Journey of an On-Premises DB to Azure VM – SQL Server 2014 makes it easier!


SQL Server 2014 is deeply integrated with Windows Microsoft Azure and moving an On-prem database to a Microsoft Azure VM is much easier and seamless now.

This post talks about the journey of a database named “MoveMeToCloud” which is hosted on SQLServer 2014 RTM on-prem instance to a SQL Instance which is hosted on an Azure VM.

Here are the steps (Can’t get easier than this)  –

1. Right click database “MoveMeToCloud” and choose tasks and then Deploy Database to Windows Azure VM (Oops, that named needs to be changed too!)

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2.  As soon as we complete the first step, we will get the intro screen. Pretty straight forward information made available here.

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Once we go pass the intro screen we will get the option to connect to the local SQL Instance.  We can then choose the db which we want to move, and also a location for the backup files.

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3. Next up will be security related settings. We will need a management certificate to proceed here.

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By using the Sign in option we can get the required certificate. This is a smart wizard and it will pull the certificate details for you.

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We will proceed by clicking next.

4. Next up is the deployment settings part. This part is little tricky as we will have to do some authentication.

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As you can see in the above screen the Cloud service name, Virtual Machine name and the Storage acct is already available as we have done a sign-in in the earlier step.

We will need to access the settings button to do an authentication again. There should be a VM end point for the specific port for this to work.

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Once the authentication is done, we will get the target database details which will be automatically populated.

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5. Final step is to check the summary and initiate this by saying finish. The wizard will do rest of the job for you.

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If we check the SQL Instance on Azure we can see the database is available there, Viola !

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Conclusion

This is a very smart wizard and I’m really happy that Microsoft have made great efforts to make this simple to ensure that cloud movements are seamless.

Thanks for reading and keep watching this space for more !

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Moving a database from on-premise to the cloud – Step by Step Walkthrough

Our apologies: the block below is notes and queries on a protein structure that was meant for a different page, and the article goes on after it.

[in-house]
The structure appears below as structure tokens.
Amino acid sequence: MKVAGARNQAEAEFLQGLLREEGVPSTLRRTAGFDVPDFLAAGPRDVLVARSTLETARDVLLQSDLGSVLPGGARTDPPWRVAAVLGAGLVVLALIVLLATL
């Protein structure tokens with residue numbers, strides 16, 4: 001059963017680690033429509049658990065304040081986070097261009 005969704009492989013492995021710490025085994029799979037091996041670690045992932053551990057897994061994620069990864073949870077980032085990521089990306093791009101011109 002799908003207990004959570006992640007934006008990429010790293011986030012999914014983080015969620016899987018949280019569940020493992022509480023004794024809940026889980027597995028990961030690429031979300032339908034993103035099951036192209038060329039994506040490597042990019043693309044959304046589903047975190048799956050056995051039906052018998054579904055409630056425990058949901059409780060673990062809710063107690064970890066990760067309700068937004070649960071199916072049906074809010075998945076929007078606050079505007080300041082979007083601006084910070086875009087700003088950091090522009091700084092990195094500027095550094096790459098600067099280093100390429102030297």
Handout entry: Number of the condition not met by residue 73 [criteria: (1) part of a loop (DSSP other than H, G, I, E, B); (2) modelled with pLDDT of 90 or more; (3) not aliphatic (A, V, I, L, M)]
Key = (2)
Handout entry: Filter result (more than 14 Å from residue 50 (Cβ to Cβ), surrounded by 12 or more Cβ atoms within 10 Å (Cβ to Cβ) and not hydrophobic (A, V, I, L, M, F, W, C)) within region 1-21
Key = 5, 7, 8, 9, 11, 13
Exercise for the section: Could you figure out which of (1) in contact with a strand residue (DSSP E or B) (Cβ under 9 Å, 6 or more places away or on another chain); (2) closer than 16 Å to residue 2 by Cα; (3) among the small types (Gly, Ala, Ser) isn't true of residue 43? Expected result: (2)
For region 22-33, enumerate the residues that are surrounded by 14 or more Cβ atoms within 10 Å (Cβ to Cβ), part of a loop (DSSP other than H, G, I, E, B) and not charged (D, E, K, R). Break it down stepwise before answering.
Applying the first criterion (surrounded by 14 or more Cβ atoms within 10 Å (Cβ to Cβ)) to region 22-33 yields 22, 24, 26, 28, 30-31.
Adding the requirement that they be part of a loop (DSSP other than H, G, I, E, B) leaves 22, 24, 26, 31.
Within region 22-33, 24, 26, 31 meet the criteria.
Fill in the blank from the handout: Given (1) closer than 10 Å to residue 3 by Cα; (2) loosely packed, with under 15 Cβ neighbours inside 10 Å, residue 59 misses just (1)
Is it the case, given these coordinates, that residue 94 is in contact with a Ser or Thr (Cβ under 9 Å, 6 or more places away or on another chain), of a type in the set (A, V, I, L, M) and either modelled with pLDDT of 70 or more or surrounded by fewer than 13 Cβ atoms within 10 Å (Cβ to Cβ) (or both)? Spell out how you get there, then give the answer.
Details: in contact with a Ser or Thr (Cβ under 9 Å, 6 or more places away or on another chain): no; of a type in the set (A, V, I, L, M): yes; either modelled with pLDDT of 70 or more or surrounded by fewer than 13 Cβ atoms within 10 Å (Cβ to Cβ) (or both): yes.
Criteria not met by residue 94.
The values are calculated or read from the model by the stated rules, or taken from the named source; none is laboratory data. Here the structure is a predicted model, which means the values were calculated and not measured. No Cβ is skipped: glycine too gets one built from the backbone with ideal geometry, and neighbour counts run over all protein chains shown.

Cloud is the future and moving there is now as easy as few mouse clicks.

Today we will see how an On-premise database can be moved to a SQL Server instance running up on a Windows Azure Virtual Machine.There are multiple ways to accomplish this and in this post we will see how this can be achieved using SSMS wizards.

Step 1

I have a database named “MoveMeToCloud”,and this is one who is ready to take the flight and move to the cloud. This is a database which is deployed on my on-premises SQL Server Instance.

The first process is to export this database. For that purpose we will choose Tasks —

Export Data-tier Application

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As always an introduction wizard is opened up, and you can proceed by choosing next.(Also can say do not show this again !)

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Step 2

In this step we will connect Windows Azure Storage Account and we will export the BACPAC directly to the cloud storage.

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When we connect the Azure storage account we will need to provide the account name and the key. Manage Access Keys under the Azure portal(Storage section) will get this info for us.

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Step 3

Once the storage account connection is established we can proceed and finish this export activity.

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The wizard will do multiple checks, and the process will complete eventually(Provided all the conditions are met).

I will talk about the conditions in a different post.

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Step 4

Once the export is completed successfully we can check and verify that the BACPAC is indeed available under Windows Azure Storage Account

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Step 5

As the BACPAC is now local to the cloud we can now proceed and do an Import of that file.

We will connect to a Windows Azure Virtual Machine which is running SQL Server 2012 up in Azure to do the import.

We will choose Import Data Tier Application to initiate the import.

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We will need to provide the storage account details under the import settings